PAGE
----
Actuator performance and lifecycle are influenced most by the cleanliness of the hydraulic fluid and your ability to restrict water ingress, Catanese said. Varnish presents a double whammy: It can plug the 4- and 10-micron filters for the servos, the actuator’s “brain.” Plus, it can combine with oxidation products produced during the degradation of the hydraulic fluid to form rust (Fig 2) and varnish (Figs 3 and 4) that inhibits actuator operation and may reduce spring life.

Given the importance of actuators and how easy they can be to forget in the daily crush of plant activity, consider assigning responsibility for them to one person in the O&M department. There’s not that much to do except keep after the few recommended activities for relatively few valves—eight in the case of a GE D11, an integral part of the OEM’s 2 × 1 and 3 × 1 combined cycles. Those plants typically are equipped with two each stop, intercept, control, and reheat valves.

Rexroth recommends the following for each valve:

  • Quarterly, check the filter indicator.
  • Every two years, change filters and check spring cans for proper function and corrosion.
  • Every five years, change all seals.

When scheduling D11 overhauls, Catanese notes that some customers have opted to inspect and refurbish two valves every year to level both cost and outage time on an annual basis. Most often only about a week or two of scheduled shop time is required for the basic “open/clean/close” process and replacement of soft parts for a full set of eight actuators. An incoming inspection report with shop recommendations is generated shortly after actuator receipt. Plant personnel are invited to verify the report’s findings, discuss the recommendations, and witness testing after work is complete.

Of course, the technician assigned responsibility for actuators should be looking at them periodically when out in the plant. One of the first signs of concern often is leakage out of the packing-gland telltale weep hole (Fig 5). If borescope examination of the spring reveals moisture or rust, maintenance should be scheduled soon.

Moisture causes rust which can cause broken springs which, in turn, score the shaft (Fig 6) and promote increased leakage. Plus, moisture can accumulate and contribute to the failure of springs on vertically mounted actuators (Figs 7 and 8). As a stop-gap measure, consider removing a breather vent and using dry shop air to pressurize the actuator, thereby preventing water/steam accumulation in the spring can.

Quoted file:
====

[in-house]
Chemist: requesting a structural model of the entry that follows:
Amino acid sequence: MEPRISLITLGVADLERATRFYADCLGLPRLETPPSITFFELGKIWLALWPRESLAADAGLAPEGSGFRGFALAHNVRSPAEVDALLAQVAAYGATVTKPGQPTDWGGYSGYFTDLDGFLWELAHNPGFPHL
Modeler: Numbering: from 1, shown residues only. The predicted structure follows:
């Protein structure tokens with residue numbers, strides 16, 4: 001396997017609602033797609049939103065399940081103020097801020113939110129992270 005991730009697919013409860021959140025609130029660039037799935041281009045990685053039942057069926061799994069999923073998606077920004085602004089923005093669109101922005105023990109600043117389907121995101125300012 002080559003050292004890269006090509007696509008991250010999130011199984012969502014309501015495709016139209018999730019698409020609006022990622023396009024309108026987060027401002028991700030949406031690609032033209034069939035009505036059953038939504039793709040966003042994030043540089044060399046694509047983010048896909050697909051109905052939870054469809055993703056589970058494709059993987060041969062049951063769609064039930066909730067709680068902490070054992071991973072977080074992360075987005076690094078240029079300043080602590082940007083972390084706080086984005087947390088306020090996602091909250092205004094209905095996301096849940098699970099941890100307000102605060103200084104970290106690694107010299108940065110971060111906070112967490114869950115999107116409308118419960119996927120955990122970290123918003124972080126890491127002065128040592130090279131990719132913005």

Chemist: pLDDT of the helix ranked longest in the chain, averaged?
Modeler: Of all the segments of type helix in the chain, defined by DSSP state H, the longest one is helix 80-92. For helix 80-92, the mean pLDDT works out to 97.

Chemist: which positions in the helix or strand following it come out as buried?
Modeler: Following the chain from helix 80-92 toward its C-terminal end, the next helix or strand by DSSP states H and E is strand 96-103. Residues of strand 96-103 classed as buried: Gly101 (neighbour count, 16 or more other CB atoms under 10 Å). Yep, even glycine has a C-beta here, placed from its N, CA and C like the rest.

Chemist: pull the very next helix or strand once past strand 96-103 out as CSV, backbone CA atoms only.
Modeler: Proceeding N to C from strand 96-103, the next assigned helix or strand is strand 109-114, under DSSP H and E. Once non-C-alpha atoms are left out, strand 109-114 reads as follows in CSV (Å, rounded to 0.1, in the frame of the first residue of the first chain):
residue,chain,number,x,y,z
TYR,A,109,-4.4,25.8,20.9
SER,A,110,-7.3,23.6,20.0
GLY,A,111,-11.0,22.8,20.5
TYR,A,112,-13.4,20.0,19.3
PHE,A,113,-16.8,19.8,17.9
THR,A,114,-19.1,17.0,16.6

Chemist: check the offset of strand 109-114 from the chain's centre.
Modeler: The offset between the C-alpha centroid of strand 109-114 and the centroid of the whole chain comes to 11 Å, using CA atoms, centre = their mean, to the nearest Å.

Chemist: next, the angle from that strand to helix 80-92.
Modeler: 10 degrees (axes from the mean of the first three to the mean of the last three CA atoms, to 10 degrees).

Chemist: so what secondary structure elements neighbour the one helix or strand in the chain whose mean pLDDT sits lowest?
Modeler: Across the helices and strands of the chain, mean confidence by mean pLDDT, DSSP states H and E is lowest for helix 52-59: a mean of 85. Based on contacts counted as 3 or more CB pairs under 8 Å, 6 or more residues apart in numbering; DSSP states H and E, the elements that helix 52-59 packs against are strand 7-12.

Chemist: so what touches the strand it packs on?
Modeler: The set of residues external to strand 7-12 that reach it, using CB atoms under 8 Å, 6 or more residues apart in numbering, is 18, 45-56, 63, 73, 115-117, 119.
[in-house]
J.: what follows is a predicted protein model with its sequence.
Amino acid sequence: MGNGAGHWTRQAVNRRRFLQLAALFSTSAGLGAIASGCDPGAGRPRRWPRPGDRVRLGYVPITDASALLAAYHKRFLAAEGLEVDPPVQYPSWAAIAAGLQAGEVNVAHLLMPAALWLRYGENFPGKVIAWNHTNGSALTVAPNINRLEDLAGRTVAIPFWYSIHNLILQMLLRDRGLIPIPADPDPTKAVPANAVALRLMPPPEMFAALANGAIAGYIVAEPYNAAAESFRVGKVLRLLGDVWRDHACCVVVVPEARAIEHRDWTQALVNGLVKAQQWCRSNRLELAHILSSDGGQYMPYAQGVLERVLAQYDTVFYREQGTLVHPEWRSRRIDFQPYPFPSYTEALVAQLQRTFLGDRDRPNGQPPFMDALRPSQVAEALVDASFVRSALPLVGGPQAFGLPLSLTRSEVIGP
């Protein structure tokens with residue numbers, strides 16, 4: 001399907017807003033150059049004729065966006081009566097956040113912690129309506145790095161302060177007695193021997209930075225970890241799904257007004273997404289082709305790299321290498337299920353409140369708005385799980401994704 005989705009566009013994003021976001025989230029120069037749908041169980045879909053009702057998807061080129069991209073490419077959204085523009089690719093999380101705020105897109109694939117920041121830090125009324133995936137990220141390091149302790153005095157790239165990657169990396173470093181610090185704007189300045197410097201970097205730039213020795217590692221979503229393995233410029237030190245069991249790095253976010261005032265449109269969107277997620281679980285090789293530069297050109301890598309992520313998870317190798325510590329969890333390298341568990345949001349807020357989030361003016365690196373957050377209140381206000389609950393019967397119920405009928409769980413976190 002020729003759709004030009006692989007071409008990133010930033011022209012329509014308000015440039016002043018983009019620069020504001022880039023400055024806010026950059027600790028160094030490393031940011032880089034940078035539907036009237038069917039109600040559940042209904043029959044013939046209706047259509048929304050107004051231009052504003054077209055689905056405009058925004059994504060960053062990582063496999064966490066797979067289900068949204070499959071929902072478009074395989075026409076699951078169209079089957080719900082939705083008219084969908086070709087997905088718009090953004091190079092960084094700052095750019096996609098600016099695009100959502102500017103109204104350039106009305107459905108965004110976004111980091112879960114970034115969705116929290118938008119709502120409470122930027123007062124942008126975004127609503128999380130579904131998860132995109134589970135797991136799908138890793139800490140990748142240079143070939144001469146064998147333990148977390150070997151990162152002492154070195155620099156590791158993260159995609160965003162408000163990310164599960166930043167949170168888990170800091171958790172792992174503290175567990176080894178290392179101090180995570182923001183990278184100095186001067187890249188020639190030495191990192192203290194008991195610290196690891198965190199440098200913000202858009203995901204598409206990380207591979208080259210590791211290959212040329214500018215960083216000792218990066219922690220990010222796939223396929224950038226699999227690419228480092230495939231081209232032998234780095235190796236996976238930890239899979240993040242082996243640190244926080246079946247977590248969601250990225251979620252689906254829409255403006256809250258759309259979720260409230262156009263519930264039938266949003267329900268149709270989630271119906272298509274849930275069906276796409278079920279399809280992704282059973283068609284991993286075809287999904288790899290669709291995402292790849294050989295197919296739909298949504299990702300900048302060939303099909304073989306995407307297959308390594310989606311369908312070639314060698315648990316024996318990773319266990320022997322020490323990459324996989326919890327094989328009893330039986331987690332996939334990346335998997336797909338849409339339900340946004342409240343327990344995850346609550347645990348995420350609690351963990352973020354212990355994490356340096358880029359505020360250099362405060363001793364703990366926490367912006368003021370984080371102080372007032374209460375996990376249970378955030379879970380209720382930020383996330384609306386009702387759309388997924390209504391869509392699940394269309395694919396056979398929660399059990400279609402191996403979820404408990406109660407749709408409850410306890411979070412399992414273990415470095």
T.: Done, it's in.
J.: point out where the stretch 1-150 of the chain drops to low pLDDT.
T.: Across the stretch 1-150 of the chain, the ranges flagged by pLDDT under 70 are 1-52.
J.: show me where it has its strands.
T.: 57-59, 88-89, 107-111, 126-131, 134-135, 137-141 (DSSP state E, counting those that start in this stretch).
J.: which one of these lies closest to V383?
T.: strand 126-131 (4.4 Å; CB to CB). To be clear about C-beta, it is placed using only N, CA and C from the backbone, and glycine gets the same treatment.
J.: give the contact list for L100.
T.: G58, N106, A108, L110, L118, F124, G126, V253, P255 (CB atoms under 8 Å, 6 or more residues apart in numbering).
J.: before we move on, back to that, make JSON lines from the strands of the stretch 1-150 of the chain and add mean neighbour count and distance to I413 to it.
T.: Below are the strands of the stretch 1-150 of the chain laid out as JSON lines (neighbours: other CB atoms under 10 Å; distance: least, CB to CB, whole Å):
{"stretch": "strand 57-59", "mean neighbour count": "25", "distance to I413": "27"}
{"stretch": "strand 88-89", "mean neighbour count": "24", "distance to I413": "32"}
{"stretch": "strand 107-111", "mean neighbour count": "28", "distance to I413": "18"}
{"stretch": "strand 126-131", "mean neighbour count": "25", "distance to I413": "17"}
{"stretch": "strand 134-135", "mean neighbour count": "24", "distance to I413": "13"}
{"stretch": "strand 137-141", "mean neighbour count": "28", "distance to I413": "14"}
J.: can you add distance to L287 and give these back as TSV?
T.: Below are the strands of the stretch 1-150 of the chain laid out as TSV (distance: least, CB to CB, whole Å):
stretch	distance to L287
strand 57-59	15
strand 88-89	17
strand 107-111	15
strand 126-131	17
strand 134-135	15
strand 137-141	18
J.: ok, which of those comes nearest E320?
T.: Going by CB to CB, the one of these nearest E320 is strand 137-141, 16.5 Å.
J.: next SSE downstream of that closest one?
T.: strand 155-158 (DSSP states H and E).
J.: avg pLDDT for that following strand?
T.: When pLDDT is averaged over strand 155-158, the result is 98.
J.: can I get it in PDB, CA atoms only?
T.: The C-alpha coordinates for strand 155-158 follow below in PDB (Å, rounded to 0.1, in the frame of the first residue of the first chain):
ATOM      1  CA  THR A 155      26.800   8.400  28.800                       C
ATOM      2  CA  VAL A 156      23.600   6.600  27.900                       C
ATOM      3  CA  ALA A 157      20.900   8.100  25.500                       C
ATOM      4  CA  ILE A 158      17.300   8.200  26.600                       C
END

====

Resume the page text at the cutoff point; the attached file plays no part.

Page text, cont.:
Given the problems with varnish and moisture ingress that can arise over an actuator’s lifetime, it makes sense to spend time at the design stage to select the optimal hydraulic fluid for the service. If problems arise in service, give thought to replacing the fluid with one better suited to your application.

Listed below are the three most popular hydraulic fluids for actuators operating large steam valves. All are fire-resistant. Comments are culled from notes taken by the editors at user-group meetings.

  • Fyrquel®. Poisonous fumes that can be released if the fluid is heated to decomposition is a concern of some users. Also, this fluid reacts with water to form phosphoric acid and gels conducive to spring damage/failure.
  • Quintolubric®, like Fyrquel, is a hydrolytically unstable ester. It is associated with varnish and acid formation.
  • EcoSafe® is hydroscopic, but the saturation limit where water becomes “free” is high—16,000 ppm. Given the sensitivity of actuators to free water, American Chemical Technologies suggests a conservative 7500 ppm as an upper limit for sampling purposes. Water remains tied up in the fluid and unable to attack metal. Plus, EcoSafe, a polyalkylene glycol (PAG), is chemically incapable of producing insoluble varnish. All products of decomposition remain infinitely soluble in the base stock.


Finally, when your actuators leave the shop, be sure they are properly crated for shipment and possible long-term storage and secured in an upright position (Fig 9). CCJ